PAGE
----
The Madhya Pradesh High Court has refused to interfere with the decision of the high court scrutiny committee to reject the candidature for judgeship of two candidates because they had been tried in two criminal cases.
The judgment was passed by a Bench comprising Chief Justice SK Seth and Justice Vijay Kumar Shukla, on two petitions filed by Deep Narayan Tiwari and Nand Kishore Sahu.
The petitioners had submitted that their names were included in the final selection list in the Judicial Services Examination, 2017 for appointment to the post of District Judge (Entry Level). Their names were, however, deleted from the list later and their selection was cancelled.
They had then found out through information revealed under the Right to Information Act that their selection was cancelled due to pendency of a criminal case under Section 3(2)(v) of Scheduled Castes and Scheduled Tribes (Prevention of Atrocities) Act, 1989.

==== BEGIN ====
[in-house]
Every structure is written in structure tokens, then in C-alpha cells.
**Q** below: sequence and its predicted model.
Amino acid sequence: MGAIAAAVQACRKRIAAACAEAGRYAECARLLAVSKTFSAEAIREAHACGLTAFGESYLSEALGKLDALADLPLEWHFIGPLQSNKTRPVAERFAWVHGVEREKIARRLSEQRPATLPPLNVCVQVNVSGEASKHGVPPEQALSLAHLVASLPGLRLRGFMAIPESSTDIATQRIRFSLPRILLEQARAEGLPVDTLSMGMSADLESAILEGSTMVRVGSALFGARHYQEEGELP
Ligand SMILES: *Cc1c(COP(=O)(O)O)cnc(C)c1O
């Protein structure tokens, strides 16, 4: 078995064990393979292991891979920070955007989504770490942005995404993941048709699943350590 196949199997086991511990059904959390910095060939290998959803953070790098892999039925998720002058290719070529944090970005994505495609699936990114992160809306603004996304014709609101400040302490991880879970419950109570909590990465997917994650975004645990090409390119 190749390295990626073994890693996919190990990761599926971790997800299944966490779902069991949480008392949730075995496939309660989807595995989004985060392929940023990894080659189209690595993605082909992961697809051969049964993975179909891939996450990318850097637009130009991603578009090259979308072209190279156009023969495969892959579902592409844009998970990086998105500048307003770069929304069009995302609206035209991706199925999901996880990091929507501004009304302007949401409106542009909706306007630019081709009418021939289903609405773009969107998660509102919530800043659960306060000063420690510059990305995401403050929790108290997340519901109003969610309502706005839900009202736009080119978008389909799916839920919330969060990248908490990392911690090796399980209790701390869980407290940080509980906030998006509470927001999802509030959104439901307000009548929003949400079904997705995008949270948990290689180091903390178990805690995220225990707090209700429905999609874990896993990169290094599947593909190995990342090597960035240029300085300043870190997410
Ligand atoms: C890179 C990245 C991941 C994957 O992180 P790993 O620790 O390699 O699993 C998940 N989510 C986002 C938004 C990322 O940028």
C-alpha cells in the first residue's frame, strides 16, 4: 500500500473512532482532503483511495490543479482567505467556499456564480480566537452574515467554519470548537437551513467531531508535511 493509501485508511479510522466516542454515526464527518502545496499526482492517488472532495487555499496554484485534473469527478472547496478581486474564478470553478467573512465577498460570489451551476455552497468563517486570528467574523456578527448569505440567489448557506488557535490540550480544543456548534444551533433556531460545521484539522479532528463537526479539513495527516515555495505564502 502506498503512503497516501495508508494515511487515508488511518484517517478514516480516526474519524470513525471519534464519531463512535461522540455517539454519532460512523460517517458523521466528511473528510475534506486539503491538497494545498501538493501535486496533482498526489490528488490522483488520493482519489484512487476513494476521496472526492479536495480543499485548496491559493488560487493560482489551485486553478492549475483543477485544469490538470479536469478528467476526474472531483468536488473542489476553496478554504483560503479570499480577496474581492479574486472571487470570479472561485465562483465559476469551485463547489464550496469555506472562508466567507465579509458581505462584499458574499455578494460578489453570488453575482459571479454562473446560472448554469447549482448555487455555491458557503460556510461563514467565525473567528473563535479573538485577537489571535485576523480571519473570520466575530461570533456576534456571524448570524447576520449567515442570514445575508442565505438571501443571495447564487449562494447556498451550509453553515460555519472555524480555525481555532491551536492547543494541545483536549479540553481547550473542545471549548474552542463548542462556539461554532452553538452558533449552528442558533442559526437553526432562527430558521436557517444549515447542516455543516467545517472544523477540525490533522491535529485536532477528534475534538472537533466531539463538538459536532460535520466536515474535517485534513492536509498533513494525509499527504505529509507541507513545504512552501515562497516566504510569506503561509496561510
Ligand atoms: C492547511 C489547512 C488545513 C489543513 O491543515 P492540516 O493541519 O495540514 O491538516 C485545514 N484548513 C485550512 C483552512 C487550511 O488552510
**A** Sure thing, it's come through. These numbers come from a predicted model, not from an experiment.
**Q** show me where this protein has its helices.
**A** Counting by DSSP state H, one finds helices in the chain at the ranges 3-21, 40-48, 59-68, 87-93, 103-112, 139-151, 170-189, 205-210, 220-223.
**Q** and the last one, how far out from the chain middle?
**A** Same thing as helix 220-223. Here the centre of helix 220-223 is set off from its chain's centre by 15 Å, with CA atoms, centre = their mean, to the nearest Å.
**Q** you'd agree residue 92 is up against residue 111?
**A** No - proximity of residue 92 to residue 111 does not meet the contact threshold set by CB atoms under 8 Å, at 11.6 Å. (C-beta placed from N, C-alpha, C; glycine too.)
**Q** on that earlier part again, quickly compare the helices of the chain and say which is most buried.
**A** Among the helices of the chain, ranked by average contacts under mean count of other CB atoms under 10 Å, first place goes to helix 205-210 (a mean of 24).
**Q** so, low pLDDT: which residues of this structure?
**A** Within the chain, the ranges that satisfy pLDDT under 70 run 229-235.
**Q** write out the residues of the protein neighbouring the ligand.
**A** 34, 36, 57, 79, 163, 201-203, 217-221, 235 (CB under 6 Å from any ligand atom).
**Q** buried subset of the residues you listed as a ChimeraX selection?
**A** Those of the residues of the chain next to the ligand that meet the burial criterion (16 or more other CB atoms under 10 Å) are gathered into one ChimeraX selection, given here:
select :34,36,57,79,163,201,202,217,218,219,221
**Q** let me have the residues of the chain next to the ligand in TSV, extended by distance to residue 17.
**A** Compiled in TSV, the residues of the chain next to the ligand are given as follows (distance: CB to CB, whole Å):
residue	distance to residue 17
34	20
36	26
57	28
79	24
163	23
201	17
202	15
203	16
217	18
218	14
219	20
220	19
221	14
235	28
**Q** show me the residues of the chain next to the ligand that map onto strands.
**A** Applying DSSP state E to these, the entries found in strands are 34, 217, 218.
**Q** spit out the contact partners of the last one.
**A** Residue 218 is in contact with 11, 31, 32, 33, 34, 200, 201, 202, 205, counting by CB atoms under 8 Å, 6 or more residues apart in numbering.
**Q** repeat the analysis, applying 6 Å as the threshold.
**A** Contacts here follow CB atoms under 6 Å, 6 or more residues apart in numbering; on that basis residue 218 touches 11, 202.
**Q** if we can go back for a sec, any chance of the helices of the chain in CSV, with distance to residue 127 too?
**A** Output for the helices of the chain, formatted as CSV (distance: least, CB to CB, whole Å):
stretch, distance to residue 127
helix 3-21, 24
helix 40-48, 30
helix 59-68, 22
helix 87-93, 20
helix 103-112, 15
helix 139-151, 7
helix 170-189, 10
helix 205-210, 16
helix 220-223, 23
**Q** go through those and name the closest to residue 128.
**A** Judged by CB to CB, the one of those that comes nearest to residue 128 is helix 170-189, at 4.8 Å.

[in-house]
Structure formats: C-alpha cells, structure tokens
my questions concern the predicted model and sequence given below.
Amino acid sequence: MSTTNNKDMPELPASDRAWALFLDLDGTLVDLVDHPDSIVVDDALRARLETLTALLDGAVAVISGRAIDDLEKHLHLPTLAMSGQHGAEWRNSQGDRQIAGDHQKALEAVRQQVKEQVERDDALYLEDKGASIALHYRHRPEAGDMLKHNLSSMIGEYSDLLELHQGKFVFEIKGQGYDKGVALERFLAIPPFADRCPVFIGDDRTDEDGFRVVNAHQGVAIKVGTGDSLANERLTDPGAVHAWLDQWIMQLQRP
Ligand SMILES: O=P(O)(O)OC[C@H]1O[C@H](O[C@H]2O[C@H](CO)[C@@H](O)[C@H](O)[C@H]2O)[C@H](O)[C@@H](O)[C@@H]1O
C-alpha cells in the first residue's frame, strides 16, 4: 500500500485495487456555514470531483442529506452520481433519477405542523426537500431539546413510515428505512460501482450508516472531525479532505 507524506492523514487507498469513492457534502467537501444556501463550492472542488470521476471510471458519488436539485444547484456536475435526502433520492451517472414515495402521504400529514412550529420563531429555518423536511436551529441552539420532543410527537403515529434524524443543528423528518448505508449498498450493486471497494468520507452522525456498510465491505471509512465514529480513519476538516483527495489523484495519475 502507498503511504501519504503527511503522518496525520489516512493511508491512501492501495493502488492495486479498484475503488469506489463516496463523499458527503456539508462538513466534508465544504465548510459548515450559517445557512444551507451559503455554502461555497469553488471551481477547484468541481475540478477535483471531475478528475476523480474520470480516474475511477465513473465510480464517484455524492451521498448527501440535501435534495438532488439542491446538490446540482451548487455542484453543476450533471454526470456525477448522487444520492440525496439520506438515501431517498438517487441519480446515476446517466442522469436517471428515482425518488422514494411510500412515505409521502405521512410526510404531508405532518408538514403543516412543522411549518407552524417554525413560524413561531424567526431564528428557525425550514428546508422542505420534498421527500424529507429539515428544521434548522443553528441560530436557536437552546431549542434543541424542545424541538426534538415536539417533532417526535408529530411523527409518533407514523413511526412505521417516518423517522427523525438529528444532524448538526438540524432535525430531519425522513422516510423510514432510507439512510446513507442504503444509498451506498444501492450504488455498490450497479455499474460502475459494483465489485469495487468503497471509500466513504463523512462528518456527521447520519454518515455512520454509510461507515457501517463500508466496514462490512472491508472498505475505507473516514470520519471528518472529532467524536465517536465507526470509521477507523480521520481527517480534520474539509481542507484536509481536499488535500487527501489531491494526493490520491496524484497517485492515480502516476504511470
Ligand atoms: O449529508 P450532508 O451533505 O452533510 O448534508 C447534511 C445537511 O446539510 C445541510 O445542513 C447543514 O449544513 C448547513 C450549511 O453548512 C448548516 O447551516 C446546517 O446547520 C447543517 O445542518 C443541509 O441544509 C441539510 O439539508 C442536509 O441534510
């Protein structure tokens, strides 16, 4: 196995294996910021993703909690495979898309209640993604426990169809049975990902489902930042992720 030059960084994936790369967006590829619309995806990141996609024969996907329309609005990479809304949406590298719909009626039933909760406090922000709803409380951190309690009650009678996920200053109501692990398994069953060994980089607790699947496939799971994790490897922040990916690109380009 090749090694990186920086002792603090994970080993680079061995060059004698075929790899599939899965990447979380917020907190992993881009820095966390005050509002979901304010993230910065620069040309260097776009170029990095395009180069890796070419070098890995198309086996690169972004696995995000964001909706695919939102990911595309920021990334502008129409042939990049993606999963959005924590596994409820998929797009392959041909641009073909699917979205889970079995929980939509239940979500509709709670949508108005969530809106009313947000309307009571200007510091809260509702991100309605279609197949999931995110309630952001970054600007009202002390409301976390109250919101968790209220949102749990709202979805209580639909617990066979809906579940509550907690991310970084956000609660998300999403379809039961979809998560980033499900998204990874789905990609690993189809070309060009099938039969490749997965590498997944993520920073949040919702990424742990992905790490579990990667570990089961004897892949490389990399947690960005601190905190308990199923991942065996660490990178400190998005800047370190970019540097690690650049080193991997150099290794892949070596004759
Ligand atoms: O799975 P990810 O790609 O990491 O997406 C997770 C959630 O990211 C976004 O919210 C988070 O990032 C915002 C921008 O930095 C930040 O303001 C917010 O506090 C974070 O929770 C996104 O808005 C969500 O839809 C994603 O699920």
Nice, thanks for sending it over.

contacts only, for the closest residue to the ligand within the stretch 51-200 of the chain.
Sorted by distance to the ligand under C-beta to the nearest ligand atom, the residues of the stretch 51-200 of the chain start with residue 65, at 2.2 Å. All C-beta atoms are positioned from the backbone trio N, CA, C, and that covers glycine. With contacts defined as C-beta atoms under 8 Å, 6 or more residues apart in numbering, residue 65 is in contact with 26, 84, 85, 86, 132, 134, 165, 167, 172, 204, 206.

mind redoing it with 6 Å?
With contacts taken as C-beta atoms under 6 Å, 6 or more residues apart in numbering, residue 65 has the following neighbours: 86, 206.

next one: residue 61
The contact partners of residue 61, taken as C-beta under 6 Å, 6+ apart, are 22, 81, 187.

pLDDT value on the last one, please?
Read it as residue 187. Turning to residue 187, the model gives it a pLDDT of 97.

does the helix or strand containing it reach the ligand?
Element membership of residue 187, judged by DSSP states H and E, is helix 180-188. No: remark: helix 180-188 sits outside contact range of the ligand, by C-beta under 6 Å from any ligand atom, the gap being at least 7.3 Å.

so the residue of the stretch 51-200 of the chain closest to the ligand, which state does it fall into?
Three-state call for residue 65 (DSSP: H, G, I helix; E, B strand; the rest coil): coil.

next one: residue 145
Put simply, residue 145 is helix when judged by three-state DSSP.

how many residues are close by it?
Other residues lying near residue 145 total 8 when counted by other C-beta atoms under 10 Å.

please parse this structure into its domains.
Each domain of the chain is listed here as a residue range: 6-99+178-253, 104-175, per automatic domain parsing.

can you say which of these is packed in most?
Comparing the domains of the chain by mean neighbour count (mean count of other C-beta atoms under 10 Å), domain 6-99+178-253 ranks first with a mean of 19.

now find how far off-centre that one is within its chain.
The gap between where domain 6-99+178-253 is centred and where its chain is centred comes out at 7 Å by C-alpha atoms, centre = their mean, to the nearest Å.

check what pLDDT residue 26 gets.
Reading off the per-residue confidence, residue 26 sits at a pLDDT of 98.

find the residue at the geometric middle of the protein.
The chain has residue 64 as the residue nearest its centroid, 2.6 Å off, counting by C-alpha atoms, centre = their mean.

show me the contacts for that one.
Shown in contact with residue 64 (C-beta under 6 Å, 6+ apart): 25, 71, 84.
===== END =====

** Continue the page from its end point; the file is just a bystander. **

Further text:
Challenging this cancellation, they had now submitted that the criminal case against them had been quashed now and hence, the cancellation of their selection was invalid.
The State had, on the other hand, submitted that the petitioners had no right to be appointed merely because they had truthfully disclosed the fact of pendency of criminal cases against them.
Ruling against the petitioners, the court relied on the judgment passed by a full bench of the court in Ashutosh Pawar vs. High Court of M.P. and another, wherein the Supreme Court decision in Union Territory, Chandigarh Administration and others vs. Pradeep Kumar and another was referred to, to hold that mere acquittal in a criminal case would not be sufficient to infer that a candidate possesses good character.
The petitions were then dismissed, with the court observing, “Regard being had to the submissions advanced on behalf of the parties, we do not find any merit in the writ petitions. Admittedly, on the date of consideration of the cases of the petitioners for appointment, there were criminal cases pending against them and mere selection would not confer any right as appointment is always subject to character verification of a selected candidate.”